Pope tells U.S. and Cuba to push detente further


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People react after the arrival of Pope Francis outside the airport in Havana September 19, 2015. Photo: Reuters/Claudia Daut People react after the arrival of Pope Francis outside the airport in Havana September 19, 2015. Photo: Reuters/Claudia Daut


Pope Francis exhorted Cuba and the United States on Saturday to set an example for the world by deepening the recent rapprochement that he helped secretly broker between the former Cold War foes.
His zucchetto skullcap flying off in the Caribbean breeze at the start of a nine-day tour of Cuba and the United States, the Argentine pope used his arrival speech at Havana airport to praise this year's normalization of diplomatic relations.
"I urge political leaders to persevere on this path and to develop all its potentialities ... as an example of reconciliation for the entire world," he said before riding his open-sided popemobile through roads thronged with well-wishers.
Better sensitized to the issue than predecessors because of his Latin American roots, the 78-year-old pontiff facilitated a back channel for secret talks and sent missives to Presidents Raul Castro and Barack Obama at a delicate stage in 2014.
That bore fruit with a prisoner swap, the opening of embassies, and an easing of some travel and trade restrictions, although a half-century-old economic embargo is still in place, only removable by the U.S. Congress.
Francis is a popular figure in Cuba and thousands lined the streets of Havana as he was driven to the papal nuncio's home, cheering, singing, and waving Cuban and Vatican flags.
"He brings hope for a better future for Cuba," said Maria Antonia Iglesias, 65, waving a banner and clapping as Francisco passed by. "Love, peace and more unity is what we need between all Cubans: those who are here and those in the United States."
As on previous papal visits, Cuban authorities rounded up some political opponents to prevent them from attending events around the visit, a dissident human rights group said.
Among them were three dissidents whose detention kept them from a meeting with the pope, said Berta Soler, leader of the largely Catholic group Ladies in White.
Instead of seeing Francis at the Vatican's diplomatic residence in Havana, she and dissident leaders Miriam Leyva and Martha Beatriz Roque were in police custody for several hours, Soler said.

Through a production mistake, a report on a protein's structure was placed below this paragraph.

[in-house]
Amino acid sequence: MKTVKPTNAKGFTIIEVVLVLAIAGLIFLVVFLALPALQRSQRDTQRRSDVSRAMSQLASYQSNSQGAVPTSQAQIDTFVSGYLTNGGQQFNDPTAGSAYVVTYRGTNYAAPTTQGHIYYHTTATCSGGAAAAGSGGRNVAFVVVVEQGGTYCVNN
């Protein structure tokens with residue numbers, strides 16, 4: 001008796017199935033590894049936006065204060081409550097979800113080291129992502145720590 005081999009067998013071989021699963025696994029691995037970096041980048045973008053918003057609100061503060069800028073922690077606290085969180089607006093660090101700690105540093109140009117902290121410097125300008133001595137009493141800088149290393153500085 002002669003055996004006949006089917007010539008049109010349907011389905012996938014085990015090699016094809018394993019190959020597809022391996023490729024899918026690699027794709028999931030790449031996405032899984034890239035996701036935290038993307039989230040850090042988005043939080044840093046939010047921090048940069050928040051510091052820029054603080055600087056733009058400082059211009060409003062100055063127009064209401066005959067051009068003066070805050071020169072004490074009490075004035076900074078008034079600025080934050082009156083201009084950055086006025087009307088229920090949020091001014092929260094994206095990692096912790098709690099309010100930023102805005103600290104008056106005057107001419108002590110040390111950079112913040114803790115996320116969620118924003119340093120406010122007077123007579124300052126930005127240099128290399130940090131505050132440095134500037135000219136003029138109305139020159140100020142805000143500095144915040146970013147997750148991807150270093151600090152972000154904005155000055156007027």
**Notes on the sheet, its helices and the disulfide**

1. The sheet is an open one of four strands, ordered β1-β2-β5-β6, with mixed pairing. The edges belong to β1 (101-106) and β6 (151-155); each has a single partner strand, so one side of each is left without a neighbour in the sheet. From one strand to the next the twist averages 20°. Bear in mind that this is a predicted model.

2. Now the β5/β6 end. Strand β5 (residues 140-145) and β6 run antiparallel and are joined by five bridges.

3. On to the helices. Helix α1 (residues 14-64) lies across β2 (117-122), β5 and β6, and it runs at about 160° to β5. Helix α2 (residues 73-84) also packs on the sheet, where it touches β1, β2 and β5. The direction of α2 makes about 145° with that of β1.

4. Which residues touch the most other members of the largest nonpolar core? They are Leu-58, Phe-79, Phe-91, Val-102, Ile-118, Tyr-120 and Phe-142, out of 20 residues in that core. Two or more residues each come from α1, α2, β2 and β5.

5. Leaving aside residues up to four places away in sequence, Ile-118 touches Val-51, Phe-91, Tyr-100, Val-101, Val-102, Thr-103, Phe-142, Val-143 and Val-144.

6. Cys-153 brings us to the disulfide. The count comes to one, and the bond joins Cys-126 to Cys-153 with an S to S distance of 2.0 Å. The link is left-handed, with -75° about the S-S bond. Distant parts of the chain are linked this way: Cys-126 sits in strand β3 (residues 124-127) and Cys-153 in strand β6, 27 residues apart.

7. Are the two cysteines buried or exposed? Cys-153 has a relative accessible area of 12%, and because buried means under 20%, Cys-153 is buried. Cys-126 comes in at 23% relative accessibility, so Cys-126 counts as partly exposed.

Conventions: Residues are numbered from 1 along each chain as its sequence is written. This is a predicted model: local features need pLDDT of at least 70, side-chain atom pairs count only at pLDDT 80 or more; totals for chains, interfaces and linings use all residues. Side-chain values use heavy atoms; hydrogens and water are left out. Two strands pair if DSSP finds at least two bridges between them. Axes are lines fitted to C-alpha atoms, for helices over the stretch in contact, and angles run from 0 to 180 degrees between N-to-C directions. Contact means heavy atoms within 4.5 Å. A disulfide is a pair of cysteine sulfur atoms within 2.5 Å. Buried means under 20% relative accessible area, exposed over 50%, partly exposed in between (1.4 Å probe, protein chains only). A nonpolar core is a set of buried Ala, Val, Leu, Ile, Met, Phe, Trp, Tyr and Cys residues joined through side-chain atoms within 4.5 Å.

"The Holy Father is not going to change anything in Cuba," Soler said. "We don't expect much from Francis because he comes here to talk about political matters between Cuba and the United States, not to resolve anything."
Cuban police detained between 10 and 20 dissidents and a similar number were threatened or warned, said Elizardo Sanchez, head of the Cuban Commission of Human Rights and National Reconciliation.
 Pope Francis is welcomed by Cubans during his journey from Jose Marti airport to the Nunciature in Havana, September 19, 2015. Photo: Reuters/Adalberto Roque
Castro criticizes embargo
Raul Castro - who like his brother and former revolutionary leader Fidel Castro was baptized a Catholic and educated by Jesuits - received the pope at the airport after his 12-hour flight from Italy. It was the third papal visit to Cuba in less than two decades.
Castro thanked the pontiff for his help with the U.S. rapprochement, but also used his welcoming speech to criticize Washington's embargo and its occupation of the Guantanamo naval base on the eastern tip of the Caribbean island.
Cuba, he said, had been a model of internationalism and humanism in past decades. "We have done that while being blockaded, insulted, attacked, with a high cost in human lives and major economic damages."
Since reaching a historic breakthrough with Castro in December, Obama has come out against the embargo. On Friday, he issued new regulations weakening the embargo for a second time, using his executive authority to circumvent Congress.
Despite making Cuba constitutionally atheist and repressing Catholics in the early years after their 1959 revolution, the Castro brothers have relaxed that stance since the 1990s.
In his speech, Francis sent greetings to Fidel Castro, whom he is expected to meet.
While in Cuba, he may well reiterate the Vatican's opposition to the U.S. trade embargo. But once in the United States, the pope may tread more lightly, aides said, to avoid the appearance of meddling in the web of legislation, interests, and decades-old resentments slowing the pace of change.
Cuba's Communist Party will welcome any papal criticism of the embargo and may also have to bear a corresponding call for greater political tolerance from in the one-party state.
"I would like my greeting to embrace especially all those who, for various reasons, I will not be able to meet, and to Cubans throughout the world," the pope said upon arrival.
He was clearly referring to Cuban exiles, who have dispersed to many countries with the most strident anti-communists in South Florida. Some also believed he was talking about critics of the Cuban government who are behind bars.
The pontiff also urged further backing for Catholics "so that the Church can continue to support and encourage the Cuban people in its hopes and concerns, with the freedom, the means and the space needed."

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